“But that’s just one thing. The coaches have an opinion of you, but then there’s also the front office. That’s two totally different things. And I think for the first time in a long time, our coaches and the front office are on the same page.”

Kilgore was working out back home in Tennessee on Wednesday when he signed a three-year contract to avoid hitting the free-agent market. Kilgore, 30, a seven-year NFL veteran, described the contract as a team-friendly deal.

The 49ers presented Kilgore with a contract offer during the season but negotiations did not get serious until just recently. While the 49ers expressed interest in retaining Kilgore, he said he did not know what the future held for him when he packed his belongings from the locker room on the day after the season ended.

“It kind of makes you nervous because in this profession, people like the younger guys,” Kilgore said. “You just never know what will happen at any time, any given day, in the NFL. So toward the end, that last day of clearing out the locker, I didn’t know if I’d be back. I didn’t know if the Niners would want me back.”

Kilgore was named the winner of the organization’s top honor for an offensive lineman. Kilgore won the Bobb McKittrick Award for best exemplifying the dedication, excellence and commitment of the long-time 49ers offensive line coach. Kilgore started all 29 games in which he appeared the past two seasons, including a career-high 16 games last season.

"I've been here seven years and I consider the Bay Area my second home,” Kilgore said. “To be able to extend my career wearing the 49ers jersey was special to me. This team is heading in the right direction, I wanted to be a part of it."

Why the 49ers did not hesitate to pay Garoppolo big money

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Matt Maiocco

Why the 49ers did not hesitate to pay Garoppolo big money

When Jimmy Garoppolo signed a contract that could pay him up to $137.5 million over the next five years, he was asked what convinced him during his nine weeks with the organization that he wanted to be with the 49ers for the long term.

“I think it was a number of things,” Garoppolo said last week. “The team, the acceptance that they had of me when I first got here from the get-go, the coaching staff, Kyle and Rich. It was a very welcoming environment, and I really liked that. We had some success down the stretch, and you could see that pieces were falling into place. We've got a long way to go, but I think we're moving in the right direction.”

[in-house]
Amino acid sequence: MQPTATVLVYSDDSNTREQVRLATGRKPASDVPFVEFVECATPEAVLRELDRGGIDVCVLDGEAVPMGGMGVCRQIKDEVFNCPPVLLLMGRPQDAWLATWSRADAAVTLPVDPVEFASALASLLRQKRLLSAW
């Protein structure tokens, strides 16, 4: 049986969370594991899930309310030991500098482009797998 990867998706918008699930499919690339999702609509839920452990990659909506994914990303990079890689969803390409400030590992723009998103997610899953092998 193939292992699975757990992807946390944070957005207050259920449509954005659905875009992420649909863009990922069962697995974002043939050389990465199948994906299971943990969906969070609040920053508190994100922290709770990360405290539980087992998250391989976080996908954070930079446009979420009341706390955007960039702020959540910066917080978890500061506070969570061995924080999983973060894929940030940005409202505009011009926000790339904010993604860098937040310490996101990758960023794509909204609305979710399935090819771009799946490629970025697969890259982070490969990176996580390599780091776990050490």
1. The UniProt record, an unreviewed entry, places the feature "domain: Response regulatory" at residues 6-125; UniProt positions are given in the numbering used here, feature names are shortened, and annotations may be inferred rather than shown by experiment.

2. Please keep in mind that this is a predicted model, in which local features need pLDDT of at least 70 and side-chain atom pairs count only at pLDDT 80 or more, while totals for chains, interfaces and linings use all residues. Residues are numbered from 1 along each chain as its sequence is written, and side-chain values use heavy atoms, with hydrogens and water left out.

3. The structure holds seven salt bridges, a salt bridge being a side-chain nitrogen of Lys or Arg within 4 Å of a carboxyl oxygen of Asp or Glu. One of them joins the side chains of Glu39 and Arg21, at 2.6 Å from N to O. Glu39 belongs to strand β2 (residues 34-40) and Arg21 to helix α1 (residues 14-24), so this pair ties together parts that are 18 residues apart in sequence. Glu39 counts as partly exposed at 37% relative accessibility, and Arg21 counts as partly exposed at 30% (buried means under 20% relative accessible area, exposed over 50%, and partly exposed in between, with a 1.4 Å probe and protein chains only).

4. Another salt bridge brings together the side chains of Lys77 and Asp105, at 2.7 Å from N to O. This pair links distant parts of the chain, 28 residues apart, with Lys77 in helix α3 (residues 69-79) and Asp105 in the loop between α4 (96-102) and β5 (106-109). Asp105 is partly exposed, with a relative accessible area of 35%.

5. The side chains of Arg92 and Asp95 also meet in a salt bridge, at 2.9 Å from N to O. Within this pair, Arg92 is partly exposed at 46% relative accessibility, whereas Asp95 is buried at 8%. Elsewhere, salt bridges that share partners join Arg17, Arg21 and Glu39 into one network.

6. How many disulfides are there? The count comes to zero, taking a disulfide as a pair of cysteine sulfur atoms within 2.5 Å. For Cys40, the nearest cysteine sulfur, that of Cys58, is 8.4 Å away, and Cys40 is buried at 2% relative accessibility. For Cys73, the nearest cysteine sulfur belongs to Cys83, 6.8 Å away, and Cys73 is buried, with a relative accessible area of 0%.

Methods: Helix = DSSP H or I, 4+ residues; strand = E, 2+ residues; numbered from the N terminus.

Kyle, of course, is head coach Kyle Shanahan. Rich Scagarello is the 49ers’ quarterbacks coach, and the person from whom Garoppolo spent the most time after arriving in Santa Clara on Oct. 31 after a trade with the New England Patriots.

Garoppolo earned $3.5 million in his first four NFL seasons. His new contract makes him the NFL’s highest-paid player, making an average of $27.5 million per season, with $48.7 million fully guaranteed.

Scangarello, appearing this week on The 49ers Insider Podcast, talked about what he learned about Garoppolo from working so closely with him to teach him Shanahan's offense. Scangarello said there is no question in his mind the money will not change Garoppolo’s approach to his work.

“That’s why it was easy for the organization and everyone to invest in somebody like Jimmy Garoppolo,” Scangarello said. “I just think that’s not the kind of person he is. If you met his family, you know where he comes from, what he’s about. His brothers, his parents, are just good, solid people people. He’s made of the right stuff and I just don’t see that affecting him in that way.

“It’s just not who he is. That’s the fun part of working with somebody like that every day. When they’re really talented and they appreciate everything and they work at it, you have a chance to be a successful organization and they can be a great player. And I don’t think those things will ever affect him.”